Viper, Tea and the Reefer Man: The Intersection of Black History and Cannabis Culture
One of the many outcomes of the racially biased War on Drugs and 1970s cannabis prohibition is that mass incarceration, not creative inspiration, is what many people think of when they consider the intersection between Black cultural history and cannabis culture. But Black artistry has long been entwined with cannabis. And it was the rising mainstream popularity of Black culture that some of the racist bureaucrats of the 1930s responded to when developing policies still causing harm to marginalized communities today.
For Black History Month this year, we dig into how Black culture and cannabis culture intersected over a century ago, and changed the world in the process.
The Origins of Black History Month
In 1926, an organization called the Association for the Study of Negro Life and History launched Negro History Week (NHW)—the precursor to today’s Black History Month and the Association for the Study of African American Life and History (ASALH). NHW was intended to counterbalance growing nostalgia for the Civil War, bookended by the theatrical releases of Birth of a Nation a decade prior and Margaret Mitchell’s Gone With the Wind a decade later.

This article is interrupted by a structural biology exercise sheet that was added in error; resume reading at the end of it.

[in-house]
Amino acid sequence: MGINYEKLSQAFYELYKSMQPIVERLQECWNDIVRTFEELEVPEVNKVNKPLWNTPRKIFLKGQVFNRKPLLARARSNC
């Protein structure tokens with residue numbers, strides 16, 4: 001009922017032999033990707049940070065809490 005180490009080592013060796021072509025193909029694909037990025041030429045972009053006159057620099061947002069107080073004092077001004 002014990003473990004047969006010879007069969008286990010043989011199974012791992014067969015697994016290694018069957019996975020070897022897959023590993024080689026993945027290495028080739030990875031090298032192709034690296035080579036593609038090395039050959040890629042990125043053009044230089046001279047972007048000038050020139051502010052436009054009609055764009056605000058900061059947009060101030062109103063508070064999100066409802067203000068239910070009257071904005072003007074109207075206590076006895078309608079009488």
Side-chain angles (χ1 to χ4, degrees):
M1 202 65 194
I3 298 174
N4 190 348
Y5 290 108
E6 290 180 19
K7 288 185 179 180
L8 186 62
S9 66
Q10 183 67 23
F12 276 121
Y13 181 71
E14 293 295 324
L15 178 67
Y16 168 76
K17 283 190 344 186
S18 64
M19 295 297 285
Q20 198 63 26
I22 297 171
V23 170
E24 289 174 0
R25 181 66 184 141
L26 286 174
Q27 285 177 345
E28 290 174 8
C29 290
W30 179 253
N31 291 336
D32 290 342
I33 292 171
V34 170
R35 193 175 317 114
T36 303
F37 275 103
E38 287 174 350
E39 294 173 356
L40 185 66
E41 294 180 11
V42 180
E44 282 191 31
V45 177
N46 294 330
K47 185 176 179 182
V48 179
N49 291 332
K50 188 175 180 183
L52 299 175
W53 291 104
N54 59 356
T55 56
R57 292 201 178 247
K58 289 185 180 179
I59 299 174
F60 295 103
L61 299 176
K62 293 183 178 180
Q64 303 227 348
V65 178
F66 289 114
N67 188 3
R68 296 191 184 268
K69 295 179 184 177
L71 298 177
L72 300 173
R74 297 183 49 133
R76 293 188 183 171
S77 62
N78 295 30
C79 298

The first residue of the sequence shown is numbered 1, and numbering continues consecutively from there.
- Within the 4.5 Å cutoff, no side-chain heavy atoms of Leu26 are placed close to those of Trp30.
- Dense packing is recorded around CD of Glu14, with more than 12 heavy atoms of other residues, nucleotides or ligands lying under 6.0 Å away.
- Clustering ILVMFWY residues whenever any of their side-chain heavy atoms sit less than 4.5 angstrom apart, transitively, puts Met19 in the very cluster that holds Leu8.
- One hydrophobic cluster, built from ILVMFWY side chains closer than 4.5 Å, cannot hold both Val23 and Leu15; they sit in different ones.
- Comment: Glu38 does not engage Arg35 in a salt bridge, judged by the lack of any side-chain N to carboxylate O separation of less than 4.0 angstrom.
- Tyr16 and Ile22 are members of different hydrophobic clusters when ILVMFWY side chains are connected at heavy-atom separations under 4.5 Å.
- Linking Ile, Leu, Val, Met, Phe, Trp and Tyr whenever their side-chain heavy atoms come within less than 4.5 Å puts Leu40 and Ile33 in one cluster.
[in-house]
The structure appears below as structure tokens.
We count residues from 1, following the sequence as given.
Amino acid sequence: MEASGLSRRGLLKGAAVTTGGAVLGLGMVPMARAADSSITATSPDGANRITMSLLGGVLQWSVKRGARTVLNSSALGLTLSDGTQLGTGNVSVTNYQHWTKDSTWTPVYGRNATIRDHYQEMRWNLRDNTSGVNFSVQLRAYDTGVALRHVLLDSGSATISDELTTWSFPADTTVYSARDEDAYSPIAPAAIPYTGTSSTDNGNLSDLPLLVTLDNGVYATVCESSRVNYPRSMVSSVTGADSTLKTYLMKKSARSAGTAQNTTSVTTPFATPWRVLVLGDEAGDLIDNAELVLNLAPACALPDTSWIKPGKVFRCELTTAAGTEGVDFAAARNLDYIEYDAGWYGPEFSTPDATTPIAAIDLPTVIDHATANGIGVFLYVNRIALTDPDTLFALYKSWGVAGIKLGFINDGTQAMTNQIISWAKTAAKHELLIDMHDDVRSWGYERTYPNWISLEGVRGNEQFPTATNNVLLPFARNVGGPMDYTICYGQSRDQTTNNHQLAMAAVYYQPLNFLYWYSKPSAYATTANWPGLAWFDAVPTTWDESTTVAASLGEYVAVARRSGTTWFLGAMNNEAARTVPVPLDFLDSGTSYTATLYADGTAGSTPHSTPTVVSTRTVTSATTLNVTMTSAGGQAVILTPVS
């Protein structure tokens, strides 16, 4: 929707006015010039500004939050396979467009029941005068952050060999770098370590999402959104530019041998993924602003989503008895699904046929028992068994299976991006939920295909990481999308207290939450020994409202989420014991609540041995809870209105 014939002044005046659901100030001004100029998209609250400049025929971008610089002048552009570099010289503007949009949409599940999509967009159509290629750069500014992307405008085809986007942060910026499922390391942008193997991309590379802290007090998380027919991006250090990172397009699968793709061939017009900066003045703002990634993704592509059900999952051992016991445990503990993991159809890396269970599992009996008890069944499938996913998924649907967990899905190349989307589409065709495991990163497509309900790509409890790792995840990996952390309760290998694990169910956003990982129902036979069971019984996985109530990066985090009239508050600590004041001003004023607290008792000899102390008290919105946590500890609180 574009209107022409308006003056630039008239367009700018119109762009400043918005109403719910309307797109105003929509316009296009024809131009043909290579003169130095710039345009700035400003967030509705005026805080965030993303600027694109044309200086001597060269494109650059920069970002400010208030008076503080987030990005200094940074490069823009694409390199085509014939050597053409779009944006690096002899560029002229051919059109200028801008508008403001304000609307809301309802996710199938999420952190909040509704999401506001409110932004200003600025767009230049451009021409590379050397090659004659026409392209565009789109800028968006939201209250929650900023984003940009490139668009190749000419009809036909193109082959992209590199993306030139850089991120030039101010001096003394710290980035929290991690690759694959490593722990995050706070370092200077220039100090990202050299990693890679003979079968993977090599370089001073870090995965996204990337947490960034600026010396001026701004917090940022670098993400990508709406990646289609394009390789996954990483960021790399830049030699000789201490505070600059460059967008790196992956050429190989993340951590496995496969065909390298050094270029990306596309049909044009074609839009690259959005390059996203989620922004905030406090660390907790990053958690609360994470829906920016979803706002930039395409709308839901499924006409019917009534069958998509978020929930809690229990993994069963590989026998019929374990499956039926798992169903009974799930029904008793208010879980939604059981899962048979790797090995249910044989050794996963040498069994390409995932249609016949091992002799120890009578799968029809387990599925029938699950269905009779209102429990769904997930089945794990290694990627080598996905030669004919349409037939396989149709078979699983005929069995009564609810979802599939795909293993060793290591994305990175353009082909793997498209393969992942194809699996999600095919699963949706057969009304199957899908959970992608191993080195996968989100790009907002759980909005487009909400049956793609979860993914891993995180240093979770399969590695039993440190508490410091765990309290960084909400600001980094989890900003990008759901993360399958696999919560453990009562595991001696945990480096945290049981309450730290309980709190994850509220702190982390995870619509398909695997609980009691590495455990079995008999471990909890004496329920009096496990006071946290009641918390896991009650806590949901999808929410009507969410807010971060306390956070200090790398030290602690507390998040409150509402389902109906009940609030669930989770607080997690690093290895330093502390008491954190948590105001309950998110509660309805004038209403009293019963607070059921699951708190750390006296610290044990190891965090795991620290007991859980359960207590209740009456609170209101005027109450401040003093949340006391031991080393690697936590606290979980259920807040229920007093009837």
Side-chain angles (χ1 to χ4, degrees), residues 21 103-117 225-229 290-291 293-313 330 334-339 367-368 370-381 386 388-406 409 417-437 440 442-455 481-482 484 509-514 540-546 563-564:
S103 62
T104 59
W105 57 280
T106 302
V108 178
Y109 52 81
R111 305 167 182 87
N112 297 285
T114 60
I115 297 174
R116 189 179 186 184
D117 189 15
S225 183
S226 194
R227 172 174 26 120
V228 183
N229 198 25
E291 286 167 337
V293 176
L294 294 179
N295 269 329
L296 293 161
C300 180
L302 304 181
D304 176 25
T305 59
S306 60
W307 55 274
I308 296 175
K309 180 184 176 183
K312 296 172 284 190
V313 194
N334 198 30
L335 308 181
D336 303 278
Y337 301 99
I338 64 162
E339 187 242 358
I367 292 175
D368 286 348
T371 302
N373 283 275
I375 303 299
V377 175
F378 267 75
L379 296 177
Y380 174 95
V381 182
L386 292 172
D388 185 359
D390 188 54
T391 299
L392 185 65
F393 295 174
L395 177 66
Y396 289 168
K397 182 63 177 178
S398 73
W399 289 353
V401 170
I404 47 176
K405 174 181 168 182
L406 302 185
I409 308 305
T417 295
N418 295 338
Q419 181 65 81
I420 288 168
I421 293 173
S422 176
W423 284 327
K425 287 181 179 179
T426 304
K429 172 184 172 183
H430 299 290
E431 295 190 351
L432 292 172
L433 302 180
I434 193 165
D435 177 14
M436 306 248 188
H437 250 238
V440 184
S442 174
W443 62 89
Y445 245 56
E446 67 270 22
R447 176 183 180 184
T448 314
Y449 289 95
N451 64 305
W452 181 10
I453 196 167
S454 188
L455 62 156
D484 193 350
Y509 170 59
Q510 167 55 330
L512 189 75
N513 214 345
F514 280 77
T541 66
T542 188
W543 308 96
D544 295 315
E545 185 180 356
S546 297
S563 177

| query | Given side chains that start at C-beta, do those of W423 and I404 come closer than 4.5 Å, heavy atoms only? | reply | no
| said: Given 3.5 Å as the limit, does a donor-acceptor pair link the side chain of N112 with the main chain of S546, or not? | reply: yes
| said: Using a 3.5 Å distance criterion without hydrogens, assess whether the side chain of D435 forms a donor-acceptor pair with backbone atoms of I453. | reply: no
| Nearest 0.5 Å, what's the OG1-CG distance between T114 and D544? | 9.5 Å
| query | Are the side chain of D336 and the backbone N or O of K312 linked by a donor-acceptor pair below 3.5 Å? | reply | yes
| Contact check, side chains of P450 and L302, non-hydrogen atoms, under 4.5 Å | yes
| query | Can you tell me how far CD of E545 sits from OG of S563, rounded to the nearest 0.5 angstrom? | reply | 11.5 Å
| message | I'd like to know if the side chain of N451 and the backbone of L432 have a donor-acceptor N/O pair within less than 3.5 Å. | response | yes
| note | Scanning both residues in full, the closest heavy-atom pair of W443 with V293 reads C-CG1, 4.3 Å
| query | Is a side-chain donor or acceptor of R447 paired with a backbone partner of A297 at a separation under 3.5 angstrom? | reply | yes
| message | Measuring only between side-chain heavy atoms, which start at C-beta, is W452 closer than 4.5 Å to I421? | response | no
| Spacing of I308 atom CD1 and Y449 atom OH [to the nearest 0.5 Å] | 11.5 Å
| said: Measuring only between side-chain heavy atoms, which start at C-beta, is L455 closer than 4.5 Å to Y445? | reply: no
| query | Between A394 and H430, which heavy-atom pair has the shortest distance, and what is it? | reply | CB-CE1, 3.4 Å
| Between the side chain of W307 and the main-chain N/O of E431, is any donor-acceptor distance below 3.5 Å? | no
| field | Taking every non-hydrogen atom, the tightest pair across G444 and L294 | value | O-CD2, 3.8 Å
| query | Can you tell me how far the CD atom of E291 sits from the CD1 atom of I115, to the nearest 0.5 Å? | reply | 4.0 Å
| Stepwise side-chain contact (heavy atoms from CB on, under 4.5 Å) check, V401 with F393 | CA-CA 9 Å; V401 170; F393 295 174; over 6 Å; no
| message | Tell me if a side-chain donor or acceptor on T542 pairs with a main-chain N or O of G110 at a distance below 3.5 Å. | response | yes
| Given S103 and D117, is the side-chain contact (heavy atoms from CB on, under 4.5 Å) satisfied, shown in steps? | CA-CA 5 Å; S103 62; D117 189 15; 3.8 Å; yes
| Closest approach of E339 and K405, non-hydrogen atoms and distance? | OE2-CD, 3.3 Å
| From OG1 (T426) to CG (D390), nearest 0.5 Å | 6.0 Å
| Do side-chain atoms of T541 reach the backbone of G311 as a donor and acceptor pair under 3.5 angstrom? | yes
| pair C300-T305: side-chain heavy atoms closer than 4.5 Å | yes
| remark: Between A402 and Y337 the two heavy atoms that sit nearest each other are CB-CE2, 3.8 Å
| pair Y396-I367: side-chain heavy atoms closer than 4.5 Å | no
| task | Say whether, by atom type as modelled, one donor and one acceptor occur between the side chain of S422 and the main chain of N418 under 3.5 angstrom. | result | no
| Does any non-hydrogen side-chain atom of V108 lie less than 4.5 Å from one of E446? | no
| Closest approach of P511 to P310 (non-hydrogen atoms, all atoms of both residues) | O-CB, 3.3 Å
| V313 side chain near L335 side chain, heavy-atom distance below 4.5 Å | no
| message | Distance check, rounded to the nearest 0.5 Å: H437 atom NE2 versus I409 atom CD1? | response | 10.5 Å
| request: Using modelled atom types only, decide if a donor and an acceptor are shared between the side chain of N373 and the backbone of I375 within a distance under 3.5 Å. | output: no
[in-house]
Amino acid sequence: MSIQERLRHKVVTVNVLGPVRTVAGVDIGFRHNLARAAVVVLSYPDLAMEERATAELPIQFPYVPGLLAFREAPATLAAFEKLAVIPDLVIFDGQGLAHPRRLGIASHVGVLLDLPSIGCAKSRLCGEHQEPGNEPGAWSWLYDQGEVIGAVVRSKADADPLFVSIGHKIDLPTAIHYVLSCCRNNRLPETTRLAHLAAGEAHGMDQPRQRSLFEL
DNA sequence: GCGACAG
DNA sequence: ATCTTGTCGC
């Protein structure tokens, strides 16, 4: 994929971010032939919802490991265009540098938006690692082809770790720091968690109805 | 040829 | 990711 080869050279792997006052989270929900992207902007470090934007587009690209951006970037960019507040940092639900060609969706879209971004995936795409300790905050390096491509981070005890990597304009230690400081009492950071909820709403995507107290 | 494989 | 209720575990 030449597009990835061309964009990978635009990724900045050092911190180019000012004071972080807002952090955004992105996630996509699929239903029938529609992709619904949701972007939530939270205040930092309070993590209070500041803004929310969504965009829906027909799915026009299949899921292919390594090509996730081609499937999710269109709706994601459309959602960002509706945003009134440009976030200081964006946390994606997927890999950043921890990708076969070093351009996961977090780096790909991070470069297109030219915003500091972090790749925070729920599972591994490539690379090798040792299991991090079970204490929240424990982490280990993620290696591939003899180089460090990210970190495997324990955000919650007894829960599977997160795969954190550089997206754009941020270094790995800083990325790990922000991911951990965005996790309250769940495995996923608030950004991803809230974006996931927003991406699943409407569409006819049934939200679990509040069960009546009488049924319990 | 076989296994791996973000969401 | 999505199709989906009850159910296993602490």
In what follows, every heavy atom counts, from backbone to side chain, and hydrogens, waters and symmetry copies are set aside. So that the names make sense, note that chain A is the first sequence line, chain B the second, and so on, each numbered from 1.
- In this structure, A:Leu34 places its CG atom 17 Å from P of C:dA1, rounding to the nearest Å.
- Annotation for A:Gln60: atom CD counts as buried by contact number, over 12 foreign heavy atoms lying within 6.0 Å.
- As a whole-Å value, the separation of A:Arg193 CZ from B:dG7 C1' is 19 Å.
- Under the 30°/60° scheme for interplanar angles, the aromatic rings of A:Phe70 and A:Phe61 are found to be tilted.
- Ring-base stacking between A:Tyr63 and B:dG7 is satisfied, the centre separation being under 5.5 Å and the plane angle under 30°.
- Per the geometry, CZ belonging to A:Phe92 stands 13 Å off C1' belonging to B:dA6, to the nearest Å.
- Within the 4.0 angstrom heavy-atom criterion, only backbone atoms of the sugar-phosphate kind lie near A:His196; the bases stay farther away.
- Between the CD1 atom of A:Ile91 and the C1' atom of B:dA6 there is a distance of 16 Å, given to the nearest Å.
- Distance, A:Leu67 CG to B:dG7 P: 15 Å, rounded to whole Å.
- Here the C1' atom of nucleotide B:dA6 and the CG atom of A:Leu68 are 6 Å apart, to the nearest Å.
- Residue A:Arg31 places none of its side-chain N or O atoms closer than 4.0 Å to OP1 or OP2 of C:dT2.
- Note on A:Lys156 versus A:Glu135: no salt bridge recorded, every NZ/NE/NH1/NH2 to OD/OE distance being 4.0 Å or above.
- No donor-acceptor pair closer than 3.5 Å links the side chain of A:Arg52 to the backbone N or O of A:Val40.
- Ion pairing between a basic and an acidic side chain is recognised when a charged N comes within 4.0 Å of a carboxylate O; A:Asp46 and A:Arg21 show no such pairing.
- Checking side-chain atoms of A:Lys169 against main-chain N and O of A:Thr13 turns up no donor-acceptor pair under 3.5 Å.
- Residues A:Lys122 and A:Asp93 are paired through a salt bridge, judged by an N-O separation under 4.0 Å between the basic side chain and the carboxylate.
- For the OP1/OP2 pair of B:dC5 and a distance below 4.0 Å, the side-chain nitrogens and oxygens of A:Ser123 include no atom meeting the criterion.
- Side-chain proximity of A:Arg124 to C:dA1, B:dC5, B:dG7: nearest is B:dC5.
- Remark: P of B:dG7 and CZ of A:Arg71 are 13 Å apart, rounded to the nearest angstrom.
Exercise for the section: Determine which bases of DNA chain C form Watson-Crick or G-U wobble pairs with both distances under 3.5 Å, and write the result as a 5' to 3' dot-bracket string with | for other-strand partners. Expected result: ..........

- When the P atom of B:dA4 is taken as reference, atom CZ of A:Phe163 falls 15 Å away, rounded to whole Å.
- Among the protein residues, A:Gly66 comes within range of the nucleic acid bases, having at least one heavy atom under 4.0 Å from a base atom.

But NHW was also a potent symbol of a burgeoning civil rights movement—one that included the founding of the NAACP in 1909 and the Great Migration of Black Americans from the rural South to northern cultural centers like Chicago and Harlem. Smack in the middle of these acute cultural shifts, another organization was established—the Federal Bureau of Narcotics (FBN).
The FBN was headed by Harry Anslinger, a man so deeply racist even by the standards of his day that some of his peers called for his resignation. The country was a decade into Prohibition, and the FBN ostensibly was formed to protect public health and battle organized crime. But Anslinger realized on some level that he could also use the newly formed agency’s powers to fight what he saw as an equally threatening force—the rising popularity of Black culture.
Black Cannabis History in the United States and Beyond
To understand why Anslinger saw such a close connection between Black culture and cannabis culture, we need to rewind the clock a lot further—to the 12th century, to be precise. While cannabis cultivation likely originated in what is now western China, it eventually followed other commodities along the Silk Road, reaching commercial centers in Southeast Asia, the Middle East and Africa. By the 16th and 17th centuries, when European nations began their colonial conquests in earnest, various cannabis products—particularly hashish—could be found around the world.